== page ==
Back in July, I issued an open invitation to Fools to find flaws in my glowing assessment of Silver Wheaton's prospects, and to this date, I have yet to encounter an argument that shook my belief in the analysis that I have presented throughout the many articles linked above.

Understanding the valuation case for Silver Wheaton requires a step back from the near-term glory of its recent run. Despite having doubled attributable proven and probable reserves during 2009 with enormously transformative strategic acquisitions, these shares have yet to surpass their March 2008 high of $19.54. Trading at just more than 17 times projected 2010 cash flow, the market has yet to deliver anything approaching full value for Silver Wheaton shares at today's silver prices -- let alone considering the potential boost from strengthening silver prices or additional acquisitive growth in 2010.

Combined attributable silver reserves and resources equate to five ounces of silver for every share of Silver Wheaton stock -- a sort of underground vault of physical silver supply with a present market value of about $85 per share before costs. Since those costs are essentially fixed, projecting profit and cash flow for multiple silver price scenarios is a relatively simple process that I think Fools will enjoy tackling on their own. I expect long-term prices to trend substantially higher, but even using today's silver prices, I see room for shares to double once more before we reach fair value. Underperforming silver miners like Pan American Silver (Nasdaq: PAAS  ) look attractive on valuation as well, but Silver Wheaton's prospects simply outshine them all.

It's time for you to join hands with us freaky gold-bug Fools from the lunatic fringe, and vote for Silver Wheaton as your pick for the best stock of 2010.

Which is the best stock for 2010? See all 13 candidates here.

Fool contributor Christopher Barker carries a silver coin that reads, "Honest value never fails." He can be found blogging actively and acting Foolishly in the CAPS community under the username TMFSinchiruna. His silverminer CAPS portfolio has achieved 88.5% accuracy. He owns shares of Agnico-Eagle Mines, Coeur d'Alene Mines, Hecla Mining, Pan American Silver, and Silver Wheaton. He tweets, too. The Motley Fool's disclosure policy is 0.999 pure.

Read/Post Comments (31) | Recommend This Article (76)

Comments from our Foolish Readers

Help us keep this a respectfully Foolish area! This is a place for our readers to discuss, debate, and learn more about the Foolish investing topic you read about above. Help us keep it clean and safe. If you believe a comment is abusive or otherwise violates our Fool's Rules, please report it via the Report this Comment Report this Comment icon found on every comment.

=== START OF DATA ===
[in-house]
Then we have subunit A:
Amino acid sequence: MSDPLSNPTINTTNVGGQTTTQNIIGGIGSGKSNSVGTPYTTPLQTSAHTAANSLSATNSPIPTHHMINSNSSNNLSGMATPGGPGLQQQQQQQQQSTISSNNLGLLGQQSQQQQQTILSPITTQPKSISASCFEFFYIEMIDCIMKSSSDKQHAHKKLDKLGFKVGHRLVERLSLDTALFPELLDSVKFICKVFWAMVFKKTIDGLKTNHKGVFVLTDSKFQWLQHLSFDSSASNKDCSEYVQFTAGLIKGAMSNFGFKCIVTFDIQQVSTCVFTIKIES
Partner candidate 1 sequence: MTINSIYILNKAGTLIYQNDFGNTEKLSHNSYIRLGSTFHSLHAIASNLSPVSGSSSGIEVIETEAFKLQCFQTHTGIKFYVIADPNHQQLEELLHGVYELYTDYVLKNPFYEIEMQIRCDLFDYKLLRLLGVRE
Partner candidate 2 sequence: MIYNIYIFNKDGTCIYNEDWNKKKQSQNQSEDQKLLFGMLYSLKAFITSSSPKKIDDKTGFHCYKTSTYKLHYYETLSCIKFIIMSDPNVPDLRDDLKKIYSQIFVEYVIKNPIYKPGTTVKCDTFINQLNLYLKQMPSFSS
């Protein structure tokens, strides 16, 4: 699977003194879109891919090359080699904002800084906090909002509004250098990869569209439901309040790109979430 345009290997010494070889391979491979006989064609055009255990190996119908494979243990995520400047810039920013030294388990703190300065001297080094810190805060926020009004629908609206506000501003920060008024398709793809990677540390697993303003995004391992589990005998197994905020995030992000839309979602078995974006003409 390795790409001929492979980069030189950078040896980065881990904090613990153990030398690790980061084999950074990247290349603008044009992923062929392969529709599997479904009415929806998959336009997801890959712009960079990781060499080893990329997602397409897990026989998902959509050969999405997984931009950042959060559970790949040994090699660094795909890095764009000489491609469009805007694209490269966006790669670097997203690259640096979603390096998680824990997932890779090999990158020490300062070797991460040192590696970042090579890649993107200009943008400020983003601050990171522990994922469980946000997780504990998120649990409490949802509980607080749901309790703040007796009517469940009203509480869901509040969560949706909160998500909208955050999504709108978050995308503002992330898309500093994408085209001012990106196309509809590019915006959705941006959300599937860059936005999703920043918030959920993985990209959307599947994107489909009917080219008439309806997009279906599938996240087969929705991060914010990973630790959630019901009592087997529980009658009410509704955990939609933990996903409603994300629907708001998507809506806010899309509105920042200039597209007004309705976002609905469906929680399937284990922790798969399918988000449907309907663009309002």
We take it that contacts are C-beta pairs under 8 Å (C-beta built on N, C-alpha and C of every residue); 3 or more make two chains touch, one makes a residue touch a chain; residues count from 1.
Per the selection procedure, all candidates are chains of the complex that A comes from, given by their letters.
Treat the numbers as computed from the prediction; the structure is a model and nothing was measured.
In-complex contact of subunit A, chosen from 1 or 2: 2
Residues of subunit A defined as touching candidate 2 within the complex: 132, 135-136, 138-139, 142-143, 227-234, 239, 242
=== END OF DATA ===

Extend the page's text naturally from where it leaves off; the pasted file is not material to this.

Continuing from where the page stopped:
• Report this Comment On December 30, 2009, at 3:53 PM, TBoner101 wrote:

    Hi Chris, been following SLW for about half a year now and am sold on the stock, especially due to its fixed production cost. Correct me if I'm wrong, but silver usually lags gold a little bit in time, however, during the recent consolidation a month ago after Thanksgiving, Silver was the first to correct.

    I know timing stocks is not a solid strategy or one you advocate at all, and is almost like dancing with the devil. I am not seeking any clear cut predictions, but was wondering what, if any indicators/signs are you using to determine when this next enormous leg for precious metals is going to break out? Obviously the dollar, but looking for other ways or resources with good TA charts and commentary. I started reading Gold Versus Paper and some Jim Sinclair once in awhile after seeing you reference them. GVP is a great blog, props to you on the heads up :)

    I just started trading less than a year ago, and I hear technical analysis, partly due to the government interference and the banks is not nearly as reliable as it once was nowadays. Plus, a lot of the reasons for this commodity bull market are not that explicit, at least statistically.

    I started trading options recently as it is a good way to profit from the volatility of commodities, although I wouldn't recommend it for everyone. It is, and can be extremely confusing, not to mention very risky due to the leverage.